Thursday, January 25, 2024

Just because something isn’t “illegal” doesn’t mean it’s acceptable

“This is very basic, elementary communication. This has nothing to do with training or understanding, this is daily required functioning.”

That’s just part of an email that a law firm partner sent to a Black associate. In her recently-filed lawsuit, she alleges that the firm terminated her in retaliation for complaining to HR that she believed that email was racially motivated.

In response to her internal complaint, HR told her that its investigation revealed that while the email was “inappropriate,” it was not racist because the partner treated everyone the same way. Thus, he was not singling her out because of her race.

The equal-opportunity a-hole defense is a legit defense. Harassment is only illegal if it’s “because of” a protected characteristic (race, sex, and all of the others). “Because of” means that the harassment either consisted of expressly “-ist” conduct, or that it singled out one protected class for worse treatment than others. In this case, the content of the email isn’t racist on its face, and the partner did not single out this Black associate for mistreatment. Therefore, the fact that he mistreated everyone saves his and the firm’s bacon on the harassment claim.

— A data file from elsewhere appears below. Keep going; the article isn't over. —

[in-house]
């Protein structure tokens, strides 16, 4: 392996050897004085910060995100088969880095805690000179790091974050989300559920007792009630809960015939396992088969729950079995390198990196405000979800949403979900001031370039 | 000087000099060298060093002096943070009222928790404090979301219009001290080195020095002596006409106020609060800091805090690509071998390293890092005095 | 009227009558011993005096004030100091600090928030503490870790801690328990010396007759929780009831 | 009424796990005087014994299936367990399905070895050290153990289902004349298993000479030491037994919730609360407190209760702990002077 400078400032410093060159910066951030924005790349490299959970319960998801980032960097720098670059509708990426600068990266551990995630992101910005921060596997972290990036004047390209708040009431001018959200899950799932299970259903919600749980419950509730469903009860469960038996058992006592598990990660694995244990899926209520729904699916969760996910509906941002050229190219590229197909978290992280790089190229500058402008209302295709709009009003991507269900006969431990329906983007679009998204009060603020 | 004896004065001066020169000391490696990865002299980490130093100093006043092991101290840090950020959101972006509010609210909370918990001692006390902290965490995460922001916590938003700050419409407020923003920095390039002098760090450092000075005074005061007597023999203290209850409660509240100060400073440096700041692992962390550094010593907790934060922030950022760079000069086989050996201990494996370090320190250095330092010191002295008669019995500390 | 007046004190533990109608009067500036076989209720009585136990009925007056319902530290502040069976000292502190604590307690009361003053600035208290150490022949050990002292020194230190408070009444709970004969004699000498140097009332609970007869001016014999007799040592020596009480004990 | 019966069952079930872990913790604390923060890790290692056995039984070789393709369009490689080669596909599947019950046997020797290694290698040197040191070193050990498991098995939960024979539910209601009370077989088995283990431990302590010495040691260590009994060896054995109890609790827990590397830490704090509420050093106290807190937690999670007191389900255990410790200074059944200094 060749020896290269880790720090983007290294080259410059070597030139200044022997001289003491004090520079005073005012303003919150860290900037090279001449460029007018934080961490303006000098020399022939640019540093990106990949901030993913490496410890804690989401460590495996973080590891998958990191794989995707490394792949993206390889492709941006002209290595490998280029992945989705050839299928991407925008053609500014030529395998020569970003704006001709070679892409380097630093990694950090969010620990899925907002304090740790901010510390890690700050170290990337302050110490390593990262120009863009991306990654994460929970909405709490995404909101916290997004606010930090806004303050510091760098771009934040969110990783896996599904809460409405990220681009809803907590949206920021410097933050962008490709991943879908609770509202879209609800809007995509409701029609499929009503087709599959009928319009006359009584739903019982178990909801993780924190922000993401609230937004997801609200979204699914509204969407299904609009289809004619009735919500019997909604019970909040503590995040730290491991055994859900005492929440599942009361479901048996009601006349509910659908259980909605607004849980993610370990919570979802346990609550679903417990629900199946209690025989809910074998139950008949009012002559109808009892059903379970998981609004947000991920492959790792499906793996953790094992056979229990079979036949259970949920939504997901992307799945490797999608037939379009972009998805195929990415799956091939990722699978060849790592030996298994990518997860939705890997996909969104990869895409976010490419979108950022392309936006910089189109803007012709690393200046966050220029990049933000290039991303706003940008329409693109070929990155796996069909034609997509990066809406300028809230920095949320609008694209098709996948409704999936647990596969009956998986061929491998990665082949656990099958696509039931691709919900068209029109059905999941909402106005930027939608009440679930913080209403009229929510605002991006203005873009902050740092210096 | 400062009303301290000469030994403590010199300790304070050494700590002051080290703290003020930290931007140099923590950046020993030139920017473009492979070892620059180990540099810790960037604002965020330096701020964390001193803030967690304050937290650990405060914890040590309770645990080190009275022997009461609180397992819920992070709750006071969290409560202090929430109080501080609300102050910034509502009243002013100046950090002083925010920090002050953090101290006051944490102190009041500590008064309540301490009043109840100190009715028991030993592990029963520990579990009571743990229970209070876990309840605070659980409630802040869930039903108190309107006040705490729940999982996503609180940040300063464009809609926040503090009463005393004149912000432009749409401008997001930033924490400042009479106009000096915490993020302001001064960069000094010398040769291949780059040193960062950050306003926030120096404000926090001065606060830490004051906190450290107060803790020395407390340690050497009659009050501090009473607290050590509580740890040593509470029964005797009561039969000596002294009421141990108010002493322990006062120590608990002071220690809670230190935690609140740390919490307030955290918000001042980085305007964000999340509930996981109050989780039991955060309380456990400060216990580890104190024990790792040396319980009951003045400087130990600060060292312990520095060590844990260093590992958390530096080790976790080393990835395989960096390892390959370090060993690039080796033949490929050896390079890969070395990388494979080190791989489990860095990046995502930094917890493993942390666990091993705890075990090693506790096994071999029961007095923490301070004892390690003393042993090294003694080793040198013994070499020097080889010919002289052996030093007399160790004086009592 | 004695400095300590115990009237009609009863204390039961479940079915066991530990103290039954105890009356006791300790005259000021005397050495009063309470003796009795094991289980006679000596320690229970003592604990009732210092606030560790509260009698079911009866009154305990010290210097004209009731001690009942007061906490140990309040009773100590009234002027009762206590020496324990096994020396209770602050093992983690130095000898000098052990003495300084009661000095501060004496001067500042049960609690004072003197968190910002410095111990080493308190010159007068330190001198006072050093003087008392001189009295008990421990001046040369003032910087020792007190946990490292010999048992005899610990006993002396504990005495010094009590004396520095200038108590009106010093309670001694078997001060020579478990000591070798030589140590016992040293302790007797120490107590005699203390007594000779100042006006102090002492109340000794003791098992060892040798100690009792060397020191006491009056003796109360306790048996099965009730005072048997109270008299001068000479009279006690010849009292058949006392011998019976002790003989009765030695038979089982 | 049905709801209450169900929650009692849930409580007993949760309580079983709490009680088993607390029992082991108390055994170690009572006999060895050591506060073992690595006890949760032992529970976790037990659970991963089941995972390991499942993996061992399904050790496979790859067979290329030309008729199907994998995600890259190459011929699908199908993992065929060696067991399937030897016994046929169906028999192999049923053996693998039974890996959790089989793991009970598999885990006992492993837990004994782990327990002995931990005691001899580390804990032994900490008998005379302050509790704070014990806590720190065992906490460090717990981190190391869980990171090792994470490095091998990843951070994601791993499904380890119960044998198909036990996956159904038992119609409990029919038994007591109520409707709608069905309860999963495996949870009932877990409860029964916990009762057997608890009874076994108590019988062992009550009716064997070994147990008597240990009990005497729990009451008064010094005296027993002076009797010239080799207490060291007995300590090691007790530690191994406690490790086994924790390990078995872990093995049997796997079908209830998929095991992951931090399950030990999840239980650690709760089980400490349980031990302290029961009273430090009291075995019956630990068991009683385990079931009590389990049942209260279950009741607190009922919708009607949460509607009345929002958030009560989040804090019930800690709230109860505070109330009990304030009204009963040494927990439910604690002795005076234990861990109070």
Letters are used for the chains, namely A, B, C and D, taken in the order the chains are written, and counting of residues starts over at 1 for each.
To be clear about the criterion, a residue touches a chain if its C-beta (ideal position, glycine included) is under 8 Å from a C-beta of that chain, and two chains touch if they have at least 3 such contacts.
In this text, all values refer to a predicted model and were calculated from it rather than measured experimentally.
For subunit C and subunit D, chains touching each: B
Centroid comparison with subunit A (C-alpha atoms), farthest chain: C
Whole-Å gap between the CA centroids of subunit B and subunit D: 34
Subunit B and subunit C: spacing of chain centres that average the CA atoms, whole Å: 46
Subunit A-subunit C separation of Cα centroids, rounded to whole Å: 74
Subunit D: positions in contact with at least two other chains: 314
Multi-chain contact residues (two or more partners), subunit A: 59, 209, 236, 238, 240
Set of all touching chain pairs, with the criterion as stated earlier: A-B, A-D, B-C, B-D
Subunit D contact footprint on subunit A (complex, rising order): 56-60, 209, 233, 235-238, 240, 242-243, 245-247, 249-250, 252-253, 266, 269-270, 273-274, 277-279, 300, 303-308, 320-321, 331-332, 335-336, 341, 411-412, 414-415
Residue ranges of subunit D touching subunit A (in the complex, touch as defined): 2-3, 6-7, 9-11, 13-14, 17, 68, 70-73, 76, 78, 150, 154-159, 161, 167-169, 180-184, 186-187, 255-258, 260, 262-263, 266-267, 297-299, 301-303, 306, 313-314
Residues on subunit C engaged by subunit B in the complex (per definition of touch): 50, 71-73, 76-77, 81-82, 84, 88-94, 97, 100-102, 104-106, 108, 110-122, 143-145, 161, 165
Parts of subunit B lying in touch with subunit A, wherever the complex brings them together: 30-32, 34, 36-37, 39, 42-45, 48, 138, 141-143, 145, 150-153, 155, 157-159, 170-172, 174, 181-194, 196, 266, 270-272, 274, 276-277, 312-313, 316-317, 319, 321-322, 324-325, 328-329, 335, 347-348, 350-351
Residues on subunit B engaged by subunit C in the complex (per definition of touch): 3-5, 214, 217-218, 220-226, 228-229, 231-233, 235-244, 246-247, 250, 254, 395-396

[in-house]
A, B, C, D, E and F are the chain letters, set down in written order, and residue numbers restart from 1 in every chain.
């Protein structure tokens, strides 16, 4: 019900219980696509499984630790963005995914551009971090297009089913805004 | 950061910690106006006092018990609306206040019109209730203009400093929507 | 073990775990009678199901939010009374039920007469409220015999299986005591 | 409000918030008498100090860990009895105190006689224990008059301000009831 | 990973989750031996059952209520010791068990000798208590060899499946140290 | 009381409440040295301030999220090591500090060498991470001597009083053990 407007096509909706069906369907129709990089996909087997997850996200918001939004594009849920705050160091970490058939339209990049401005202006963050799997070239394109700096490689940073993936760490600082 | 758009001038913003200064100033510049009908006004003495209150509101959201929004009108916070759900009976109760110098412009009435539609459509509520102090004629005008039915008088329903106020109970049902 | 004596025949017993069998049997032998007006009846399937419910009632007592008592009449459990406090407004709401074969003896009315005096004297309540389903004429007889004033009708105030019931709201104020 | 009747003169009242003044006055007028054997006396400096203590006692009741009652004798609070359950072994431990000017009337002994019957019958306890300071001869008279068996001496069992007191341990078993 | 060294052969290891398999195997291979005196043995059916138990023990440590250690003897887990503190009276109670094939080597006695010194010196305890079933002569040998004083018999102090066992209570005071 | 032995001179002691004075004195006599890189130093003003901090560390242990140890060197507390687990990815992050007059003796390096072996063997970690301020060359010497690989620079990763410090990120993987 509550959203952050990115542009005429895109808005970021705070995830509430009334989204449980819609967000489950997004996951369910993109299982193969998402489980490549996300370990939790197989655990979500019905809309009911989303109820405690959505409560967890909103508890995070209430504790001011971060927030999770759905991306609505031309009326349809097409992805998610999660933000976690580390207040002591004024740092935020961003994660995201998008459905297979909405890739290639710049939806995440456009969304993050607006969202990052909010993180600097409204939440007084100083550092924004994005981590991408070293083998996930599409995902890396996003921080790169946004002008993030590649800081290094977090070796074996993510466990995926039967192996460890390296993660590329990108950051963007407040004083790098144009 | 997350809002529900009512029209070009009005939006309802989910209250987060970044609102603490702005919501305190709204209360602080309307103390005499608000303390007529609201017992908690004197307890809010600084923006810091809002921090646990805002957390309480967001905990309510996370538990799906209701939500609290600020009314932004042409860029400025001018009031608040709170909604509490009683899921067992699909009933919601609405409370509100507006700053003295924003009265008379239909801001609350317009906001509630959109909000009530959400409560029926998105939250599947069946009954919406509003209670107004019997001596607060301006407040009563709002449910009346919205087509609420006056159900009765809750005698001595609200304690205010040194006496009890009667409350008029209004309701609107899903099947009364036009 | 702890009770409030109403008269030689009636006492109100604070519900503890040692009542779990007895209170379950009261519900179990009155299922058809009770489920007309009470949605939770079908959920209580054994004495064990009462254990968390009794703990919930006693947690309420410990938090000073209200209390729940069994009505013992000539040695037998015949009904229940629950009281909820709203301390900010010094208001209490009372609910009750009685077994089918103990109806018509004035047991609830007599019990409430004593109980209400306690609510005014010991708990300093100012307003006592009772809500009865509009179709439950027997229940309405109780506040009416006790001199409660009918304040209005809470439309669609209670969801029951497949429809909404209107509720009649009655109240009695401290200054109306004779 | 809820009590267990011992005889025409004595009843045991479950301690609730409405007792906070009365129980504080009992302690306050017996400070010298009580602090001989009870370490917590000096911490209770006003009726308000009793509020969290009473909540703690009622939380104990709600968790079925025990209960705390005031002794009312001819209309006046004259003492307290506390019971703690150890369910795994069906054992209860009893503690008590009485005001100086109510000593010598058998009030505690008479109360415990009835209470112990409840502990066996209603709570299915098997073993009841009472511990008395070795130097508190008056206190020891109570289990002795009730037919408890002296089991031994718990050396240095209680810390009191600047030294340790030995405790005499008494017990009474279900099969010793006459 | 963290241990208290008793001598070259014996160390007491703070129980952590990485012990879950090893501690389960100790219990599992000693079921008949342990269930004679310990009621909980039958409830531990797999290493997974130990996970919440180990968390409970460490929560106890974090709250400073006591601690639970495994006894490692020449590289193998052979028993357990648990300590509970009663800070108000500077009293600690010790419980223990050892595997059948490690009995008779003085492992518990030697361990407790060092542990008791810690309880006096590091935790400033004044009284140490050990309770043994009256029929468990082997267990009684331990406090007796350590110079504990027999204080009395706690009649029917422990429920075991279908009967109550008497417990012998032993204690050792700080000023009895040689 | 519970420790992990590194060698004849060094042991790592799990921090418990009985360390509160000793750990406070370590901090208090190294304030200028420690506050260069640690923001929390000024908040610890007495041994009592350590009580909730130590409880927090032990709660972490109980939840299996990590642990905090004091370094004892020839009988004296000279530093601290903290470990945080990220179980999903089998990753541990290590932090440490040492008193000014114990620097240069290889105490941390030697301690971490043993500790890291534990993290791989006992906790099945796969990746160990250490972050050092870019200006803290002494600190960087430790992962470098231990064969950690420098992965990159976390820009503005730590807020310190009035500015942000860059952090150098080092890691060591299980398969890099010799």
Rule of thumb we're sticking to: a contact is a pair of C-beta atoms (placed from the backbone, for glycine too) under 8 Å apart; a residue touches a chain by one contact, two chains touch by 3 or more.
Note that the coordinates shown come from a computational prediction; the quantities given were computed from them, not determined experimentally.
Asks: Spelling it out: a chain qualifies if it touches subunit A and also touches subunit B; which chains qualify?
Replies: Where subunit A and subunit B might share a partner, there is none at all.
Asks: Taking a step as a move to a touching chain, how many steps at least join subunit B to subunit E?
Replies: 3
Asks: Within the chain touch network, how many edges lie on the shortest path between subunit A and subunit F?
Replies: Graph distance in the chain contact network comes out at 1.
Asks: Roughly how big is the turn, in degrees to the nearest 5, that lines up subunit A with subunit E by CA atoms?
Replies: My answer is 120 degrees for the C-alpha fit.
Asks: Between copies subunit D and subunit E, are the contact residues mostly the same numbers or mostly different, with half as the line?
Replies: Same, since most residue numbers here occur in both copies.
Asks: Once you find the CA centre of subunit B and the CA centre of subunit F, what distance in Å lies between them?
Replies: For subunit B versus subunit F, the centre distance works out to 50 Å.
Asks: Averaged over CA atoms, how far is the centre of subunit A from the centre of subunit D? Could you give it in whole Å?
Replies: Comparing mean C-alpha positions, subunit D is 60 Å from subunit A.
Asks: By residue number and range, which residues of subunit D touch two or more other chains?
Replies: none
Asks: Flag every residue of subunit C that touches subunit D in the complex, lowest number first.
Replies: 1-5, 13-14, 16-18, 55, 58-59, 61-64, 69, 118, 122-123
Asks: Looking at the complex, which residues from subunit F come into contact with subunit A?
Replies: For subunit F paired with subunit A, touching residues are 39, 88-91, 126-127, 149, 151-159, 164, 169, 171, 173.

Two important points, however.

1./ Even though the harassment claim may not have merit, don’t forget about the retaliation claim. Even if the underlying complained-of conduct might not be unlawful, you still can’t retaliate against an employee for bringing it to your attention. I have no knowledge as to why the firm fired this associate, but if it’s because of her complaint to HR about the partner’s allegedly racist email, it would be unlawful retaliation.

2./ Just because something isn’t “illegal” doesn’t make it right. Bad behavior is bad behavior, and it should not be excused just because it doesn’t rise to the level of unlawful behavior. Businesses that make excuses for inappropriate behavior just because it doesn’t meet the definition of protected-class harassment are: (i) businesses I don’t want to work for; and (ii) are a liability waiting to happen.